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Providing Multimedia Lecture Room Services


Although sites should consider developing strategies for fully equipping all teaching rooms for multimedia delivery, this will obviously take some time. While rooms are being equipped, lecturers must be fully aware of what facilities are available in which rooms. Inconsistent provision is a problem regarding timetabling, and affects the confidence of lecturers in feeling able to guarantee equipment availability. If lecturers are unsure of what equipment is available they will design their lectures around the lowest common denominator, e.g., 35mm slides or overhead projectors.

A database of all classrooms and their equipment will allow better utilization of facilities, and the process of timetabling should reflect which classes require multimedia technology. This will, of course, only be effective if all departments also specify what courses need multimedia rooms. When booking rooms, a single service should be available allowing the whole range of facilities (rooms, computers and AV equipment) to be booked in a single step. Providing rooms with network connections etc., is not sufficient if all the LCD projectors are in use elsewhere.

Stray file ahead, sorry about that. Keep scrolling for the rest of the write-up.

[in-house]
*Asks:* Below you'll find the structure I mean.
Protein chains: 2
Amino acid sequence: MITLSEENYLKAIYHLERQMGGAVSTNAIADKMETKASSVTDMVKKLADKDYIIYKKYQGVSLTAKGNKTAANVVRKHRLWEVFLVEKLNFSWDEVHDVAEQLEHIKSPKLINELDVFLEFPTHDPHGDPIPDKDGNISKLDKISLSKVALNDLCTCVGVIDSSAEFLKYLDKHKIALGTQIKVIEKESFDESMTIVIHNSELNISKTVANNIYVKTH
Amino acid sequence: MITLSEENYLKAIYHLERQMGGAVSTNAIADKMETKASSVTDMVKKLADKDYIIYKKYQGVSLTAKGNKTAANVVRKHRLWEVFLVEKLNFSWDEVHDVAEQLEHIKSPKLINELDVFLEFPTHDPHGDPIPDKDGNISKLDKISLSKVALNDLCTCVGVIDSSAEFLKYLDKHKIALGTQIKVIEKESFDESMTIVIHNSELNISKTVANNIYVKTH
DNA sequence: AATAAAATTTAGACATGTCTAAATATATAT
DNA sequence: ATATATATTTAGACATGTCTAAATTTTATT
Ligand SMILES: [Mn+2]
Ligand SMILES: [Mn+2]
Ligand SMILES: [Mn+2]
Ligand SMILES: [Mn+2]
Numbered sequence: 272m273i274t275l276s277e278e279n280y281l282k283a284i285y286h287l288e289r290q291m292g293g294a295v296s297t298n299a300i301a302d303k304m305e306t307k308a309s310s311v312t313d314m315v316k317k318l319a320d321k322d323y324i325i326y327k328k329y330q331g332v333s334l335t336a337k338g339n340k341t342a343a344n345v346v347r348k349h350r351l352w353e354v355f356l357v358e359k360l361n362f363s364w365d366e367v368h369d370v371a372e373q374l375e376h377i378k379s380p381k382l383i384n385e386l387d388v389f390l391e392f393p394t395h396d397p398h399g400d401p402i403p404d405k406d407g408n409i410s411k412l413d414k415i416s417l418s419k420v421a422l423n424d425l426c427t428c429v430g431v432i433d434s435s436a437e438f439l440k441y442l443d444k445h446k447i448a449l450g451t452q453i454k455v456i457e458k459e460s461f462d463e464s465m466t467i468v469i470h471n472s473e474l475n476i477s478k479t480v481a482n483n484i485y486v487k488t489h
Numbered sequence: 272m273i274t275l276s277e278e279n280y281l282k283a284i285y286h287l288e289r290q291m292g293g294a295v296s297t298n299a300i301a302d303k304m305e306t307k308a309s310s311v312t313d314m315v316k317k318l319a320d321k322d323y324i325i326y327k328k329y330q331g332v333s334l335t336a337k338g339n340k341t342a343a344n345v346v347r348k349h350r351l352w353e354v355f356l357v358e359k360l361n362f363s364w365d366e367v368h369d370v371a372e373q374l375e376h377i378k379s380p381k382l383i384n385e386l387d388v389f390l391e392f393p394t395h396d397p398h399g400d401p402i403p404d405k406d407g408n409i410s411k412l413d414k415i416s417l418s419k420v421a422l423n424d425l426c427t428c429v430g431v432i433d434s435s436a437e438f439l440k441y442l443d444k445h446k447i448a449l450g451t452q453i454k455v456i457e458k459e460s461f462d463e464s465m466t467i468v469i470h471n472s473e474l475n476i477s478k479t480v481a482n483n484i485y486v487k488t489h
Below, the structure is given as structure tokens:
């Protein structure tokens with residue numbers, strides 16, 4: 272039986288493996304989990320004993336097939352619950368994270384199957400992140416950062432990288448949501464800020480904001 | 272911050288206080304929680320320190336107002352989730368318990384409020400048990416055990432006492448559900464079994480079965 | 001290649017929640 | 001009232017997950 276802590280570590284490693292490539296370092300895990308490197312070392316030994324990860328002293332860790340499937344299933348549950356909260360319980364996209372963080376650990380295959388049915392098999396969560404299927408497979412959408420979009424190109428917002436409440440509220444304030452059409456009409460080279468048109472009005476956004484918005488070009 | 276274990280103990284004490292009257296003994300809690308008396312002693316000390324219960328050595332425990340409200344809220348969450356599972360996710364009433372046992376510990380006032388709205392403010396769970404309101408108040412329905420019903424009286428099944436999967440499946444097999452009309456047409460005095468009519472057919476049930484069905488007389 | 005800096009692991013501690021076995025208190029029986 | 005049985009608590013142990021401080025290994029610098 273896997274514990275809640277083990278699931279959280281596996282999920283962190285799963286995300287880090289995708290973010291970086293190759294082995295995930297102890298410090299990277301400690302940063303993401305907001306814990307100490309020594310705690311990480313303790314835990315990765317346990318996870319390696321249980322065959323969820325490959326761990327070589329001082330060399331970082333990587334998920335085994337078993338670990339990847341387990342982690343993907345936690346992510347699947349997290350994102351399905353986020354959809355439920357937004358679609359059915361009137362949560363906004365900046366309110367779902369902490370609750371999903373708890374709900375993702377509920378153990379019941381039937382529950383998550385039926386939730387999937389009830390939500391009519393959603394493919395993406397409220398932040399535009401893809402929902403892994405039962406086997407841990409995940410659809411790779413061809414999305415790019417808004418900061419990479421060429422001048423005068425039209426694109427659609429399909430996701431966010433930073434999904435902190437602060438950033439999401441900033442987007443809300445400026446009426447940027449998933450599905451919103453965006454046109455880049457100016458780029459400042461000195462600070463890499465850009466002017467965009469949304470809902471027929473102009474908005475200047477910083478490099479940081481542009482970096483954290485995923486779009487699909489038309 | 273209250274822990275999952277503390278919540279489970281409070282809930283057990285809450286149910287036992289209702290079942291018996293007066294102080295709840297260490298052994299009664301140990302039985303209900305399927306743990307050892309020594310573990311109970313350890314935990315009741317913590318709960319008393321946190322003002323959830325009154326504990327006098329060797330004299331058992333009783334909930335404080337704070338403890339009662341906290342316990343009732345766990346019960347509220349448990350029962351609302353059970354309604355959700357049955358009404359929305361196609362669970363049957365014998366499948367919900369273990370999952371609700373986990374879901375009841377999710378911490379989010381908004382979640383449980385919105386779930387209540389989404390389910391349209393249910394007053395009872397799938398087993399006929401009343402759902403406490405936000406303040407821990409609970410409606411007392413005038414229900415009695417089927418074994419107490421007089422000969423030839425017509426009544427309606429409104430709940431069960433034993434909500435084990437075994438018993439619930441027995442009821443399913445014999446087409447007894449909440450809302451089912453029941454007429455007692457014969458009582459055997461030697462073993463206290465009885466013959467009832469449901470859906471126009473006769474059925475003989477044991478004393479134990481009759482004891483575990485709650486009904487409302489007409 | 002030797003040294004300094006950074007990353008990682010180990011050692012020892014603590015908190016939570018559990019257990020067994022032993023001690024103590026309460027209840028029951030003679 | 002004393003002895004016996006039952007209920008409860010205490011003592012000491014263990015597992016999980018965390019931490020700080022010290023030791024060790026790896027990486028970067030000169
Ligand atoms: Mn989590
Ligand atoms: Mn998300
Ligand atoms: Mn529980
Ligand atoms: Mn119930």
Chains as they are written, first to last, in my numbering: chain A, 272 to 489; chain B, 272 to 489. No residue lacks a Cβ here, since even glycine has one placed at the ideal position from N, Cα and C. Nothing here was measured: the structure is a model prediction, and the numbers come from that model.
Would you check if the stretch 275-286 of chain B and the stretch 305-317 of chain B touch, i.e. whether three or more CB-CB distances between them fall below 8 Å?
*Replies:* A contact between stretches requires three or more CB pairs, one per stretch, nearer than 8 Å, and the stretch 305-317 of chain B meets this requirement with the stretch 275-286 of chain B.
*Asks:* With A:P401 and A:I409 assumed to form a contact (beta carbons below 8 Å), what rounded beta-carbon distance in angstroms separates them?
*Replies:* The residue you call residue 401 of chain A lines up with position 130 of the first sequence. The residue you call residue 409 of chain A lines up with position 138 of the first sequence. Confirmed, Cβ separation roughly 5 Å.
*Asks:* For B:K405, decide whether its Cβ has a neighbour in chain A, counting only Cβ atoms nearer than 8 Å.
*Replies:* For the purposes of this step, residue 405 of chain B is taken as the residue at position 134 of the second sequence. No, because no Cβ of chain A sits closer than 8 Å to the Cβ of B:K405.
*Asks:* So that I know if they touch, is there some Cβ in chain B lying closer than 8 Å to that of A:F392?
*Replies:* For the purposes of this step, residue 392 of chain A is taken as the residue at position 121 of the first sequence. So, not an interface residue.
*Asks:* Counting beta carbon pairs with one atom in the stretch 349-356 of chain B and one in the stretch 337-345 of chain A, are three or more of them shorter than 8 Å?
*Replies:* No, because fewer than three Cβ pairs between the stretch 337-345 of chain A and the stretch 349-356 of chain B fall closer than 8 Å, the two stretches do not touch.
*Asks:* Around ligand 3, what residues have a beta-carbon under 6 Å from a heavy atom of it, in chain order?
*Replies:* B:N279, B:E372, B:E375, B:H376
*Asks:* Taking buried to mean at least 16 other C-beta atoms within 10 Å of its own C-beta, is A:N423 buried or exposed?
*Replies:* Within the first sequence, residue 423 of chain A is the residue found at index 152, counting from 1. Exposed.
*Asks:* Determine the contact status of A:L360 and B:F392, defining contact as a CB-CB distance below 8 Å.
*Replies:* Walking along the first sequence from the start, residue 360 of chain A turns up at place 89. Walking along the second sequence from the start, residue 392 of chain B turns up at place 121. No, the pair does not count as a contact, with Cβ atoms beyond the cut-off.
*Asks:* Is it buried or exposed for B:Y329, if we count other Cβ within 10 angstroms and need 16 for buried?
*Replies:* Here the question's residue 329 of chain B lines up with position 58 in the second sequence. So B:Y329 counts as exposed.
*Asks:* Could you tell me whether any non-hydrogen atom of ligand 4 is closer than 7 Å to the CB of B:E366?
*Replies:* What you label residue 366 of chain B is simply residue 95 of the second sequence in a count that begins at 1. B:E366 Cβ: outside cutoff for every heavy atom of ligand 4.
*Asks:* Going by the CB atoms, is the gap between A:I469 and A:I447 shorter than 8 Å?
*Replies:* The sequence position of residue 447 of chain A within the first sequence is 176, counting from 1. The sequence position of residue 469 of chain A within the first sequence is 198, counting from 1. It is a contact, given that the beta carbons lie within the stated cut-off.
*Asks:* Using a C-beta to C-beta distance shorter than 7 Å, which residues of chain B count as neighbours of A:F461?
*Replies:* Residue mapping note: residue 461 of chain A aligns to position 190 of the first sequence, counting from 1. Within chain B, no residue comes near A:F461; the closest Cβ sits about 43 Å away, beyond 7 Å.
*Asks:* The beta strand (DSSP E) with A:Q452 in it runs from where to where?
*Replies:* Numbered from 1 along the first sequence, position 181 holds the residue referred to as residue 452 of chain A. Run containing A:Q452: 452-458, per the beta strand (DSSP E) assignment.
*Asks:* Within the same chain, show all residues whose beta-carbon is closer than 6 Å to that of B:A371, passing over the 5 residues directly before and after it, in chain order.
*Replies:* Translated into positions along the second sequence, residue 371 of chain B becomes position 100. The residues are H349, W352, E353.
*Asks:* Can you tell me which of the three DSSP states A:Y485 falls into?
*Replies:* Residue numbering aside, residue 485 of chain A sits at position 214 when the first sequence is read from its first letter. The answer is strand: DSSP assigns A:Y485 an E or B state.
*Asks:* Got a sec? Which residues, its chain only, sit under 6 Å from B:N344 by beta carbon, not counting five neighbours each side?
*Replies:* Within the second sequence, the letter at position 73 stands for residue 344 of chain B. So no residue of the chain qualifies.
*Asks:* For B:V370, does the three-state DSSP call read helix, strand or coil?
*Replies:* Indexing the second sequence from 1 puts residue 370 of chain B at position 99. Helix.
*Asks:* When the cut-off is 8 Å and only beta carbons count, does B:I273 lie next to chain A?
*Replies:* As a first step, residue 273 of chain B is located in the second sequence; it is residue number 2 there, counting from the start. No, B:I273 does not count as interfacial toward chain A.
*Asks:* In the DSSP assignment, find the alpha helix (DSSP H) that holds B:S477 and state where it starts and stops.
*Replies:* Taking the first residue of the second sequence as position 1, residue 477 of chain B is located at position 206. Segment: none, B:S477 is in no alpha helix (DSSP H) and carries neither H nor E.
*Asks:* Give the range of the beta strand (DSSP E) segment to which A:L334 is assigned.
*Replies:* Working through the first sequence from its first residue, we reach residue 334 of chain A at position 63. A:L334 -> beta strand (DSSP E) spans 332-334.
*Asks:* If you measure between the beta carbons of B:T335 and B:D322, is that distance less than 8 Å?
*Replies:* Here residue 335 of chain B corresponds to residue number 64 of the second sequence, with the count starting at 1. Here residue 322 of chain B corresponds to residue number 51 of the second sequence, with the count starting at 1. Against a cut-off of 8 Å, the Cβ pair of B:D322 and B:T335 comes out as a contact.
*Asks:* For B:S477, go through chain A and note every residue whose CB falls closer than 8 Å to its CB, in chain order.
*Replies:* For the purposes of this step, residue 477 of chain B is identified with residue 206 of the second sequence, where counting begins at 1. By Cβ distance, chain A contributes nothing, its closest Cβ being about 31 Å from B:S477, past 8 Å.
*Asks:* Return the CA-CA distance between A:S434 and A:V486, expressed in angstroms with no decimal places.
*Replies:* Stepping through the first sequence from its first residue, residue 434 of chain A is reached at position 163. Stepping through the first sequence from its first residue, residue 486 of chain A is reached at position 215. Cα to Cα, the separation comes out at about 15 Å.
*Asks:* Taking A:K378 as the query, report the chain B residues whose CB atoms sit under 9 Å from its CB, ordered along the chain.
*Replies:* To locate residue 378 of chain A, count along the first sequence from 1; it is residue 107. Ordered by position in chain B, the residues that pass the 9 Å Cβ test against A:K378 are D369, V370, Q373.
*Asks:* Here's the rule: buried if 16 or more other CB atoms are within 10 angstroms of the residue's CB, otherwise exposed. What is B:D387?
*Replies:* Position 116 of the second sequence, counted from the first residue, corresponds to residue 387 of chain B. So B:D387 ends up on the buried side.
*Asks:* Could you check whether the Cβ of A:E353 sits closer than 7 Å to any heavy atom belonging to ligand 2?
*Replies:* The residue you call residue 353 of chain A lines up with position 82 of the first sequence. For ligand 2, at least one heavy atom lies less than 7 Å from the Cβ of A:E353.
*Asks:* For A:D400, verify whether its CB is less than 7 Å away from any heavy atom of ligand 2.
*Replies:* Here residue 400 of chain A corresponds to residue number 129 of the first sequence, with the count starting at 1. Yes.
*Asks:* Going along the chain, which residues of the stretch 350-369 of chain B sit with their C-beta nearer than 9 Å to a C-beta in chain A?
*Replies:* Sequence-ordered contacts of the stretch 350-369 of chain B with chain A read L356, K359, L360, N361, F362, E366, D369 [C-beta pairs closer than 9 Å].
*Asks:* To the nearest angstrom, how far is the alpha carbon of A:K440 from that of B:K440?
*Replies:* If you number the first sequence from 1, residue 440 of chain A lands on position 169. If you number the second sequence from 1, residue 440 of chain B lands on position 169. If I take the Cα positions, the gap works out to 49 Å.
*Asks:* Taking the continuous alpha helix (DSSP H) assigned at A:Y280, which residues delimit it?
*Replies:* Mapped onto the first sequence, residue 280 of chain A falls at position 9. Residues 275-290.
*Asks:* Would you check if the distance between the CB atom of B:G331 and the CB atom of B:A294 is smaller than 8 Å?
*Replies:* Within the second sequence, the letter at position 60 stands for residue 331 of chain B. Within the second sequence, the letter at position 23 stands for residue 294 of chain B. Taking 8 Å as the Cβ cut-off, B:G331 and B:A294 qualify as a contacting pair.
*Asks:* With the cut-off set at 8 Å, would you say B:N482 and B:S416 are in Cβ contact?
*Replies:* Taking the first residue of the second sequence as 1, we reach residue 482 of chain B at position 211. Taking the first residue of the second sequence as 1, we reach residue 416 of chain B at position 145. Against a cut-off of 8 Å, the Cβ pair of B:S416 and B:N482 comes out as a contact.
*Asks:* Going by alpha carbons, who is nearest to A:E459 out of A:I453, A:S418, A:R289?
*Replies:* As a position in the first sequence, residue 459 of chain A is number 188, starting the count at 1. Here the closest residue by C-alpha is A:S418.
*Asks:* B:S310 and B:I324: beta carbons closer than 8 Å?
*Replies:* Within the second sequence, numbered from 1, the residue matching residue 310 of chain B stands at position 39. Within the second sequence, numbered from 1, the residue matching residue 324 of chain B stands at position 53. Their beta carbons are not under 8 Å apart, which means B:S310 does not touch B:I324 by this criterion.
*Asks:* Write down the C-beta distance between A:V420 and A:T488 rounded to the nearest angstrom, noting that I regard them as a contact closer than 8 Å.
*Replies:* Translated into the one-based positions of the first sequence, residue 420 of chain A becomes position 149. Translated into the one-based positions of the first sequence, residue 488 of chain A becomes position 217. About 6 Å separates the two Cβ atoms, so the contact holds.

The uses of portable equipment may provide a pragmatic short-to-medium term strategy for some rooms. A 'multimedia trolley' may include, for example, a computer (Pentium or equivalent) with CD-ROM drive and network card, suitable presentation software e.g., PowerPoint (which should be standard across the site), a WWW browser, speakers, an LCD projector, (800x600 resolution, with computer and video inputs) and a VCR. Additionally a full set of connecting leads should be provided, with instructions, so that other computers can be easily connected.

Another factor affecting user acceptance of new equipment is the interface. There is a wide range of multimedia presentation equipment currently available, all of which, perhaps inevitably, have different interfaces. Where a single site has a wide range of equipment, the amount of training and support required is increased, and users will be more reluctant to use it. It makes sense, where possible, to provide standard equipment across campus.


Sites should maintain a database of equipment in all rooms across campus.

Facility booking should be a service spanning a range of services (rooms, computers, AV).

Portable equipment may provide a pragmatic short-to-medium term strategy for some rooms.

Standardisation of equipment will increase lecturer's confidence.

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